How to become a criminal investigator (including skills)

Updated 30 June 2023

A criminal investigator is an integral part of law enforcement and represents a more specialised role within the police force. Law enforcement is a broad career path, with plenty of opportunities to specialise and experience different day-to-day roles. Knowing how to become a criminal investigator can help you decide if you want to pursue a career. In this article, we explore what a criminal investigator is, how to become a criminal investigator and the skills that may help to excel in this position.

What is a criminal investigator?

Criminal investigators are law enforcement professionals who specialise in solving crimes through crime scene analysis, sourcing evidence and critical thinking. A criminal investigator works either for or alongside a police force with the intention of supporting them in catching criminals via evidence gathering, forensic analysis and giving evidence in court. Criminal investigation is a specialised role that focuses on the details of a case rather than performing arrests.

Criminal investigators play a vital role in bringing suspects to justice as they're often the ones who provide the evidence for the judge to make a ruling. A criminal investigator may choose to specialise in more advanced work further on in their career. It's common for an investigator to consider specialising in different fields such as cybercrime or forensics depending on their own experience and skill level. While criminal investigators may work in a desk or lab environment, it's not uncommon for them to also work in the field when gathering evidence.

Related: How to become a crime scene investigator

How to become a criminal investigator

Learning how to become a criminal investigator entails building a range of skills and experience in law enforcement. Building relevant skills and demonstrating a passion for the field can help you stand out during the application process. The following steps may help you become a criminal investigator:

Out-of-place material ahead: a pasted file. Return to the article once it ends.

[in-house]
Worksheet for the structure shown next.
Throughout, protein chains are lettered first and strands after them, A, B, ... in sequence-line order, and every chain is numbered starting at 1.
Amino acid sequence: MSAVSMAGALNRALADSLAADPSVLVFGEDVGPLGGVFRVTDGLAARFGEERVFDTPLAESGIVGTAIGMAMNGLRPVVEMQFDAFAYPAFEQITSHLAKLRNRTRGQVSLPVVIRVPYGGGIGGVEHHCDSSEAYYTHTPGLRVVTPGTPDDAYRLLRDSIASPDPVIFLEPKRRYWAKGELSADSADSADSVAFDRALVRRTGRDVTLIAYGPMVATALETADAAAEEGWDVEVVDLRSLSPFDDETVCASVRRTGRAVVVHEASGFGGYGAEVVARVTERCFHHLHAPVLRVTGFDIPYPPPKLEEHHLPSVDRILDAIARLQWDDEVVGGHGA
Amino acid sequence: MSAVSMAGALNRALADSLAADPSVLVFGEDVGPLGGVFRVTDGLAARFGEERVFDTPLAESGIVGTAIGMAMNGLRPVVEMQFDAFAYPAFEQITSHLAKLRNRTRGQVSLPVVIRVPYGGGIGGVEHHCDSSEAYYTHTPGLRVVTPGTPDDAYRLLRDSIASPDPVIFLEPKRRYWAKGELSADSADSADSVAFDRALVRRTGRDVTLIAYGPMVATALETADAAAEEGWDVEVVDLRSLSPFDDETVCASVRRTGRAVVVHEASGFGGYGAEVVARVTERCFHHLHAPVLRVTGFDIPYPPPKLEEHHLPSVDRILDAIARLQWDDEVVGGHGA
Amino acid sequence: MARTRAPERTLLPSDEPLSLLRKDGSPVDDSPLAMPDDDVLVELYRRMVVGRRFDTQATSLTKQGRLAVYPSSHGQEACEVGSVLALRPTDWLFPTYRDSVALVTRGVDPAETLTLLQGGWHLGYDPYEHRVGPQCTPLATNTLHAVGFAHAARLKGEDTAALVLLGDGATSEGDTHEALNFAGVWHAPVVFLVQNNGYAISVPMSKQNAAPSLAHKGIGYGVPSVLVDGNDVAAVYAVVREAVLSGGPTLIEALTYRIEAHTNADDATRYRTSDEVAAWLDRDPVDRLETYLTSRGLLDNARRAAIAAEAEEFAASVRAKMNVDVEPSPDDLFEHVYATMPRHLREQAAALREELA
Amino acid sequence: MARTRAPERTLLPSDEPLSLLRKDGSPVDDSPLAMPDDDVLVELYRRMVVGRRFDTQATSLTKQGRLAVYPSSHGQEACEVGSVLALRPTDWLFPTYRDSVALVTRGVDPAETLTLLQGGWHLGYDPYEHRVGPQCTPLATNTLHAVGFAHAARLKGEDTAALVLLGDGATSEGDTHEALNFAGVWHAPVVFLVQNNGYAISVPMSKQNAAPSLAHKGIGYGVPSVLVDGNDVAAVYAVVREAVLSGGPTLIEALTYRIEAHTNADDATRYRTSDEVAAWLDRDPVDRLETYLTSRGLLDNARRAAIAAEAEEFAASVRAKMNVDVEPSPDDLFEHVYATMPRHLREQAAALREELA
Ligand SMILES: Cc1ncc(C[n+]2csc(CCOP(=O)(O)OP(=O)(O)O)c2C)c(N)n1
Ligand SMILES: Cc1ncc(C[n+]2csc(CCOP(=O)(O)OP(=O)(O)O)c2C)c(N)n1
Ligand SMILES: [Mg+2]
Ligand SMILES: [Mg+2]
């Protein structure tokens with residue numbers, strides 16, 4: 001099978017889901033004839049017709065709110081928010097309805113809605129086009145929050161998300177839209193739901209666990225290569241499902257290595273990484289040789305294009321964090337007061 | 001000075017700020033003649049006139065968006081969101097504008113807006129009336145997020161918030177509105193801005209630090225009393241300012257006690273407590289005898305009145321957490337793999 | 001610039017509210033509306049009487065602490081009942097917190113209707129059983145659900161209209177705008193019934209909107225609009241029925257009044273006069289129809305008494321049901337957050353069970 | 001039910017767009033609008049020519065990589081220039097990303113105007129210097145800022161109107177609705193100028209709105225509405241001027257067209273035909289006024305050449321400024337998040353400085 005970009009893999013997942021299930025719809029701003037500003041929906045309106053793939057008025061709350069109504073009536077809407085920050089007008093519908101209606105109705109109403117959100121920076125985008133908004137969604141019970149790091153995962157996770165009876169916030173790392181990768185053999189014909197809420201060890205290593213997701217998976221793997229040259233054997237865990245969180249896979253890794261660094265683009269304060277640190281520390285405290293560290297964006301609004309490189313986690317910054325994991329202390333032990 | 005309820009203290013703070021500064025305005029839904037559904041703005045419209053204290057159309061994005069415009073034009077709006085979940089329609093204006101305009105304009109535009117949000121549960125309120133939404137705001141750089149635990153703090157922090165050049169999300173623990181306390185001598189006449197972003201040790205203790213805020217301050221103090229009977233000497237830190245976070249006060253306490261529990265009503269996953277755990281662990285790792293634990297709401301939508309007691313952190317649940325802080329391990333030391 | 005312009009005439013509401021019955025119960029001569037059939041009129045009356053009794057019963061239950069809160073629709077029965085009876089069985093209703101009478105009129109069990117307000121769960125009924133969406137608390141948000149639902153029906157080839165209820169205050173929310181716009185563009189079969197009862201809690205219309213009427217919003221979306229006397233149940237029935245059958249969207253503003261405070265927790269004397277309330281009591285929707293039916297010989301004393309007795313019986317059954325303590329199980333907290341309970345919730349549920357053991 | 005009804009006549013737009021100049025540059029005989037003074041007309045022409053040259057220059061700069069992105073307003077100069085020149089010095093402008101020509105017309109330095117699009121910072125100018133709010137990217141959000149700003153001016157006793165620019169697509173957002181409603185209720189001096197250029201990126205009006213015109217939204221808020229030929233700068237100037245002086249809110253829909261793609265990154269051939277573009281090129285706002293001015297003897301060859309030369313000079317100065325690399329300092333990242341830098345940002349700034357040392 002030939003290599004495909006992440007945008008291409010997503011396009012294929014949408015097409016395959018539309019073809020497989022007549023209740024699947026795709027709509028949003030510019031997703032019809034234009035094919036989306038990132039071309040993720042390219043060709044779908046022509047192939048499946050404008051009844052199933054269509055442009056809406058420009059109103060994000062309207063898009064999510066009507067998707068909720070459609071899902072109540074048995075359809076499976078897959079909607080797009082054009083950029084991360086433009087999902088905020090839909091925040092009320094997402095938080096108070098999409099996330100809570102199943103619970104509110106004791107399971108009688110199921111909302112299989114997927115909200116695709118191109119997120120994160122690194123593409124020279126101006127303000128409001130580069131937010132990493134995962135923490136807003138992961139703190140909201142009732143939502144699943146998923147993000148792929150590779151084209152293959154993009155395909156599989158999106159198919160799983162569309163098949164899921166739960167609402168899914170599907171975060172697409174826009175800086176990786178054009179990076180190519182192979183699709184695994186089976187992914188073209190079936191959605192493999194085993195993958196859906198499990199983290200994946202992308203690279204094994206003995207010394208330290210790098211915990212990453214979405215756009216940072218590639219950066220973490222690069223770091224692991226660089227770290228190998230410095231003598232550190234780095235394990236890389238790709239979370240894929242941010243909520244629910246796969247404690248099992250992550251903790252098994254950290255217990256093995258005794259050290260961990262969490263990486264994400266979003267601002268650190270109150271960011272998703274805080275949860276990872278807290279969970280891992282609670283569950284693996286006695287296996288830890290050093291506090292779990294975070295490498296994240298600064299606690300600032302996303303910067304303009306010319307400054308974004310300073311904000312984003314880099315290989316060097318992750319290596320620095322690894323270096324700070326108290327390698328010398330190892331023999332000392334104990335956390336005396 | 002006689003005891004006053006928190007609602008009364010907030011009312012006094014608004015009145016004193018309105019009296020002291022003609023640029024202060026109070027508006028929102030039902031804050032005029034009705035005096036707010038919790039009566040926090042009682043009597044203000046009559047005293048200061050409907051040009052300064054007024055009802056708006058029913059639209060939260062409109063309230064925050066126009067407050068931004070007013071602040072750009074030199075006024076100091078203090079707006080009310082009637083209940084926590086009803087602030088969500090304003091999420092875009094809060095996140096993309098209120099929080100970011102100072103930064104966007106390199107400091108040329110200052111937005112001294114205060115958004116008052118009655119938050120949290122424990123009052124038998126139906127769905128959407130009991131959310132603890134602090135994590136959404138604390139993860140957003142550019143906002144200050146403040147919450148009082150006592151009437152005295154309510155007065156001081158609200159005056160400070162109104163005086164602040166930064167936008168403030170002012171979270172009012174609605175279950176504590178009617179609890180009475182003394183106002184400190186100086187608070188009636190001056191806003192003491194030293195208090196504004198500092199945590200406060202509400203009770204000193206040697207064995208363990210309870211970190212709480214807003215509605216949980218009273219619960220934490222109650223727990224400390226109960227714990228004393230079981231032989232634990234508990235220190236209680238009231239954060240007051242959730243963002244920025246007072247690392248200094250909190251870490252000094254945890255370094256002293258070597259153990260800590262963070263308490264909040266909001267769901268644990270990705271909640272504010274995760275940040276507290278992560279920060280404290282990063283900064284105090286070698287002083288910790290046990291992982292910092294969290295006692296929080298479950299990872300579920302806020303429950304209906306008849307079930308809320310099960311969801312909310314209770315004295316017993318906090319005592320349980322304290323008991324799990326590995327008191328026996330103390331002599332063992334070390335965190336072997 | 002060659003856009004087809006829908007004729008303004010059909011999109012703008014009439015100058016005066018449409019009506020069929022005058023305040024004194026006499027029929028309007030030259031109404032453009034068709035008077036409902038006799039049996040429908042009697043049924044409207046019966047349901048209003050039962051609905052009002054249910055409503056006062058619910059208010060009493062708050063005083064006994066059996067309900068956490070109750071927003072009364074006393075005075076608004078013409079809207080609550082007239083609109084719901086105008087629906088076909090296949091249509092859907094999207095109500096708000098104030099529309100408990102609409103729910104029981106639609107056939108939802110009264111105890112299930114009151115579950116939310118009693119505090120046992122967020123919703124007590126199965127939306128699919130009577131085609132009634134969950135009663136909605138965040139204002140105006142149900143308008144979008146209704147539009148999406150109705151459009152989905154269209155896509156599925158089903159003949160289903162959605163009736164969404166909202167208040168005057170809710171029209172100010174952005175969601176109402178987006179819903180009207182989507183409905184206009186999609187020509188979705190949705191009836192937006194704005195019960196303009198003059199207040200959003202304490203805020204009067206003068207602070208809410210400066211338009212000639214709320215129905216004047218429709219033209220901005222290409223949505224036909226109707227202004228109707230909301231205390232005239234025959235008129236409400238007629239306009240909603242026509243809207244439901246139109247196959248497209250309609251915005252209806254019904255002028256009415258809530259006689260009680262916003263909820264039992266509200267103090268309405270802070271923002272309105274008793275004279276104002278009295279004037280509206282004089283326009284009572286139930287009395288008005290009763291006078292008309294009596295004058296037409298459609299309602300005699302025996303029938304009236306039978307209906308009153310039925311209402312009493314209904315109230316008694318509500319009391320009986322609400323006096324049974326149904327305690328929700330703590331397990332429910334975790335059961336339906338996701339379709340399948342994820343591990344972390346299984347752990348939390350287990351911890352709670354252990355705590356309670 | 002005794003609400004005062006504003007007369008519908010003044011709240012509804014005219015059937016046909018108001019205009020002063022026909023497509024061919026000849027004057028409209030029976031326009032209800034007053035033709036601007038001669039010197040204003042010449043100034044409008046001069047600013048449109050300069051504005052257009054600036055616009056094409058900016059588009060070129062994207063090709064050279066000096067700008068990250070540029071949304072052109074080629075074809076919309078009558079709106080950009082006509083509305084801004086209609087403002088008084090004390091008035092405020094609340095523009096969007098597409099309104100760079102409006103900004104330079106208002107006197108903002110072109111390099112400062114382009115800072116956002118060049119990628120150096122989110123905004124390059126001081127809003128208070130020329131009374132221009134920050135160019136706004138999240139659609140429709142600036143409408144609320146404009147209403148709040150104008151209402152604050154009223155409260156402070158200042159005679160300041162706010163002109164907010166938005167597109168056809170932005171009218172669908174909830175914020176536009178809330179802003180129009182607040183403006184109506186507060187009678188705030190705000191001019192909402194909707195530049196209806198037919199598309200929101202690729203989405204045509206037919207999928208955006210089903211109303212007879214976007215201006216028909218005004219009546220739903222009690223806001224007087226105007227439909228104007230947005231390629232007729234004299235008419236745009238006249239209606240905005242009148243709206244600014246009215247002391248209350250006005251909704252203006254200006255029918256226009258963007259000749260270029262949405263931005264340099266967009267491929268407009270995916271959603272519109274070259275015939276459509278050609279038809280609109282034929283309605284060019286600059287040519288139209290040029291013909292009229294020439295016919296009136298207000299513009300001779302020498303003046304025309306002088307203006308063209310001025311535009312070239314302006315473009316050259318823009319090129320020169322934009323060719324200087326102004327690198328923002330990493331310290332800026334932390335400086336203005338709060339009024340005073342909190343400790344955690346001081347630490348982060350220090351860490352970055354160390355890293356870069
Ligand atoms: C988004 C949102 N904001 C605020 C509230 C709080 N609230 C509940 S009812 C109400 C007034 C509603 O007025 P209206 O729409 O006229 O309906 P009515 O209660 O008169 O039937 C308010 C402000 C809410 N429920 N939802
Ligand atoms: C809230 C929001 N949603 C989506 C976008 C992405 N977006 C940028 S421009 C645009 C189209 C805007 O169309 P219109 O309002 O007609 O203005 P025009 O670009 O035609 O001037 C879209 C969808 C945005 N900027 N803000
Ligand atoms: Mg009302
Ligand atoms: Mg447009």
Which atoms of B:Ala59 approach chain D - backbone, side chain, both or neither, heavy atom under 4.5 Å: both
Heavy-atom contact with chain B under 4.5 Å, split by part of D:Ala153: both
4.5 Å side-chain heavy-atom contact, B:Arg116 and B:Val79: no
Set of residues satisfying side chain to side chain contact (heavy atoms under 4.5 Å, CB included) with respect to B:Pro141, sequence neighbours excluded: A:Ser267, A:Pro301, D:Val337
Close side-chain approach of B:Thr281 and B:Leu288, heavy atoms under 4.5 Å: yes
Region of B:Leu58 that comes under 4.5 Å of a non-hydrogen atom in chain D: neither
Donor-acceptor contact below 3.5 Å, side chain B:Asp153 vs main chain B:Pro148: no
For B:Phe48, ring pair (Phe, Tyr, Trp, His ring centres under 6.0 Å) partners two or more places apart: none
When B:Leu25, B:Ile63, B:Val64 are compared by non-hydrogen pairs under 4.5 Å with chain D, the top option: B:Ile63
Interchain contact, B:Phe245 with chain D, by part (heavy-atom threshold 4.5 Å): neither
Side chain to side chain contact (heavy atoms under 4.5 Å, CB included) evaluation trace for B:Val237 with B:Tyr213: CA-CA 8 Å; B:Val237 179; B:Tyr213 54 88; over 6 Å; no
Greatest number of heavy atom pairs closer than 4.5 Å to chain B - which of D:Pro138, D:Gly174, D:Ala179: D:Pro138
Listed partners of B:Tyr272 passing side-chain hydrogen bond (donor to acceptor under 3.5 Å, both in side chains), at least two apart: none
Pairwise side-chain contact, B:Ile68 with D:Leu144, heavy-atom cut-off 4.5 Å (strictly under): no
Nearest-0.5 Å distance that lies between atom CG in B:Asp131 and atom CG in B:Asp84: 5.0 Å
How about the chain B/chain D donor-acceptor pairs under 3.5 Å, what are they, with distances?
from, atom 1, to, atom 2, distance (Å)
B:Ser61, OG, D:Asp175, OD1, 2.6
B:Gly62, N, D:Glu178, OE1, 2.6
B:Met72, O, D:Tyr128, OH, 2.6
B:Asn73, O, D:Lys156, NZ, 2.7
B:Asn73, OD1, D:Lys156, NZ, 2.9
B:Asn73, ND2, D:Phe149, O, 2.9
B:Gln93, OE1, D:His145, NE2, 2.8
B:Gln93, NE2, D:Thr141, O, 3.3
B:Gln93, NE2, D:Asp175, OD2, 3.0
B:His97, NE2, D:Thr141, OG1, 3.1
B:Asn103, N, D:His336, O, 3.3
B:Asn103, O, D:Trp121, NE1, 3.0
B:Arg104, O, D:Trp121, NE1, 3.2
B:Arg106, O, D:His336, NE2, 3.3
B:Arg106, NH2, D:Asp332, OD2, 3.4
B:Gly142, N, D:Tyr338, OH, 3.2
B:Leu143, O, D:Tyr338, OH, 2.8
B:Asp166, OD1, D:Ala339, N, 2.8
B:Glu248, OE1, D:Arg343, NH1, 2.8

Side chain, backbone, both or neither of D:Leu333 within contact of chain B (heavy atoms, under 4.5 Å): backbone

1. Research the role

Starting a criminal investigator position requires a number of different soft and hard skills, many of which are employed in high-pressure, stressful situations. Before you begin building your application and reviewing potential job roles, take the time to research the profession, any qualifications that may be necessary, the training you may undergo and how you might respond to some of the pressures of the position. This allows you to visualise how you're going to get to the position of a criminal investigator, including the skills and training you may undertake.

Related: 33 HMRC criminal investigator job interview questions

2. Earn a degree

While not all criminal investigators have a formal education, it largely depends on the police force and the position you're applying for. All roles require a secondary education and many ask for evidence of A-levels. If you have a degree in a field such as forensics or criminology, your application may be more appealing compared to other applicants. These degrees help an individual build the right skills and knowledge to be successful in the role, learning more about criminal behaviour and how an investigator may find and use evidence correctly.